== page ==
- According to the traditional interpretation Plato’s attitude against rhetoric is a rejection of the doxa, or opinion, and of the impact of images, upon which the art of rhetoric relies; at the same time his attitude is considered as a defense of the theoretical, rational speech, that is, of episteme. The fundamental argument of Plato’s critique of rhetoric usually is exemplified by the thesis, maintained, among other things, in the Gorgias, that only he who "knows" [epistatai] can speak correctly; for what would be the use of the "beautiful," of the rhetorical speech, if it merely sprang from opinions [doxa], hence from not knowing? … Plato’s … rejection of rhetoric, when understood in this manner, assumes that Plato rejects every emotive element in the realm of knowledge. But in several of his dialogues Plato connects the philosophical process, for example, with eros, which would lead to the conclusion that he attributes a decisive role to the emotive, seen even in philosophy as the absolute science.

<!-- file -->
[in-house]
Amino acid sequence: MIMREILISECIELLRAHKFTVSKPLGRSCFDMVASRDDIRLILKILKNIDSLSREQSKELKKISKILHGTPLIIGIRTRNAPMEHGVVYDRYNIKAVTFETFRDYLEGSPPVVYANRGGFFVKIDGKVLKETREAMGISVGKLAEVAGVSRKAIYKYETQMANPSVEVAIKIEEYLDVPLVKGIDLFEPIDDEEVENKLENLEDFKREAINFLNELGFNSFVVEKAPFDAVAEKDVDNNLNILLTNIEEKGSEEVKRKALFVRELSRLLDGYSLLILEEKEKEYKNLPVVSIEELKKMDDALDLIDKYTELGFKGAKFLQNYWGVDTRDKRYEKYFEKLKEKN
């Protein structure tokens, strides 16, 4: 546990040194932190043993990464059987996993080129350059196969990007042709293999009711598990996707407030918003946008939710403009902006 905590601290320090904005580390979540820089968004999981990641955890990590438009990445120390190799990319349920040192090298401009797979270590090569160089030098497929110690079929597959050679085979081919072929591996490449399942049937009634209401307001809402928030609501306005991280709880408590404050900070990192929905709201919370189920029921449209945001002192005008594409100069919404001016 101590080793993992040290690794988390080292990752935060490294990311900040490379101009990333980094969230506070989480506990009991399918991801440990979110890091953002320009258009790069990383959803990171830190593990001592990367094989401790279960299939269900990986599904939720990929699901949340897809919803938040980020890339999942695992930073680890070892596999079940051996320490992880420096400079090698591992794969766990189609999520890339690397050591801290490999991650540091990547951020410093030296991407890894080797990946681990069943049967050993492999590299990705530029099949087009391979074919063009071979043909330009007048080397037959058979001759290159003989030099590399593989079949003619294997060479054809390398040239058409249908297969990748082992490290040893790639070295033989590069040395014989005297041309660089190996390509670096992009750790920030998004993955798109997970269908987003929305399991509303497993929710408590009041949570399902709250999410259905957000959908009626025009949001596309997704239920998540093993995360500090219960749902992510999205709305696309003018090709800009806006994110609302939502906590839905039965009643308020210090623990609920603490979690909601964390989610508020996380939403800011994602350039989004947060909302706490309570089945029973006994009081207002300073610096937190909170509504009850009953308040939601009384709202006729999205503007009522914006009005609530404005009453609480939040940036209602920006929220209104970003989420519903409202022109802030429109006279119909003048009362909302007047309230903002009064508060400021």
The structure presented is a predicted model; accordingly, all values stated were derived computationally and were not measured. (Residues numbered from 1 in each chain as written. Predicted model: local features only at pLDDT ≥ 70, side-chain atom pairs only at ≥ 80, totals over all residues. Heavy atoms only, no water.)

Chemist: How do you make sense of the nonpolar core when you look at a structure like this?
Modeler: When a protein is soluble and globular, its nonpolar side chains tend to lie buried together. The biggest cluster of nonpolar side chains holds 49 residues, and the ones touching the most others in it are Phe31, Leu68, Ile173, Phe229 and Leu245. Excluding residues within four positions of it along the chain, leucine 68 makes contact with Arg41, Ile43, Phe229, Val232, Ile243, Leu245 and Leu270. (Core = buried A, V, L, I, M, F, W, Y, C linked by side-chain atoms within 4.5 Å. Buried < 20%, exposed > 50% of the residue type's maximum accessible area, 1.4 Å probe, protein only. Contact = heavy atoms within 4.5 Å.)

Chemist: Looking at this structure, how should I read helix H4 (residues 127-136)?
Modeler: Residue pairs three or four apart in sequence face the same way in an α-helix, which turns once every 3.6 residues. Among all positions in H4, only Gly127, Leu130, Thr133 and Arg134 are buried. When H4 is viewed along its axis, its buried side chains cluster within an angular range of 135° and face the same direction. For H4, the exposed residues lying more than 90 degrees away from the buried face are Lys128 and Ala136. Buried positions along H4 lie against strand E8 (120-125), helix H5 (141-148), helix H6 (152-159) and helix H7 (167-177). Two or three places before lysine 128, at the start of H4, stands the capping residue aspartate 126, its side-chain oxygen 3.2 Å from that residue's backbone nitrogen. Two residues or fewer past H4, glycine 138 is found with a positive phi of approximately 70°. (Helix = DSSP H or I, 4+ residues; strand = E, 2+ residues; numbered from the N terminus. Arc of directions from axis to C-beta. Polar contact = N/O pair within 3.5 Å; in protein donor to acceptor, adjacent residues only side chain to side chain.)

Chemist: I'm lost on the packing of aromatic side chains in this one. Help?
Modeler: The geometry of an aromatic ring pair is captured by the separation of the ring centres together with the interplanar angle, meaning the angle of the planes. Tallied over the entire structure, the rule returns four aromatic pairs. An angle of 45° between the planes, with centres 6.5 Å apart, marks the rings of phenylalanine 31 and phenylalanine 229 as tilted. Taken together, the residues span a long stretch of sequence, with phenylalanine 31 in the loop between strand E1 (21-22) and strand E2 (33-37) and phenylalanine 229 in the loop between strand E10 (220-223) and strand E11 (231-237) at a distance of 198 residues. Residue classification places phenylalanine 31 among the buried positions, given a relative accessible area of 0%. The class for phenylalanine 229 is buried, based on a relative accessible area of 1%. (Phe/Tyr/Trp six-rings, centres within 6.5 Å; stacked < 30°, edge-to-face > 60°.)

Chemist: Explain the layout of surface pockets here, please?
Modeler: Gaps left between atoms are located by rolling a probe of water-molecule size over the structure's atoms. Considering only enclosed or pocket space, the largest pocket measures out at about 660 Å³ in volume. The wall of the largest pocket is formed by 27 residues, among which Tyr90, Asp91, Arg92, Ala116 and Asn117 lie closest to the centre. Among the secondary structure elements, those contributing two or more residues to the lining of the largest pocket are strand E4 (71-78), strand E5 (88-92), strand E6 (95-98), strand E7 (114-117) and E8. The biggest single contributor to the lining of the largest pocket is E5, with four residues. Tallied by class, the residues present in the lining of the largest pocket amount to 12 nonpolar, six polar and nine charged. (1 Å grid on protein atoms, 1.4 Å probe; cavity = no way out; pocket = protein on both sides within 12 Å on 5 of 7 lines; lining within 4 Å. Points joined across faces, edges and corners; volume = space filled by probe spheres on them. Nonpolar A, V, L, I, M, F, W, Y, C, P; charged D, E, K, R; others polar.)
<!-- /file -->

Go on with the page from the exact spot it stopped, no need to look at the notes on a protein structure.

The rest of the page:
- p. 28
- In the second part of the Phaedrus Plato attempts to clarify the nature of “true” rhetoric. … it does not arise from a posterior unity which presupposes the duality of ratio and passio, but illuminates and influences the passions through its original, imaginative characters. Thus philosophy is not a posterior synthesis of pathos and logos but the original unity of the two under the power of the original archai. Plato sees true rhetoric as psychology which can fulfill its truly “moving” function only if it masters original images [eide]. Thus the true philosophy is rhetoric, and the true rhetoric is philosophy, a philosophy which does not need an “external” rhetoric to convince, and a rhetoric that does not need an “external” content of verity.
- pp. 31-32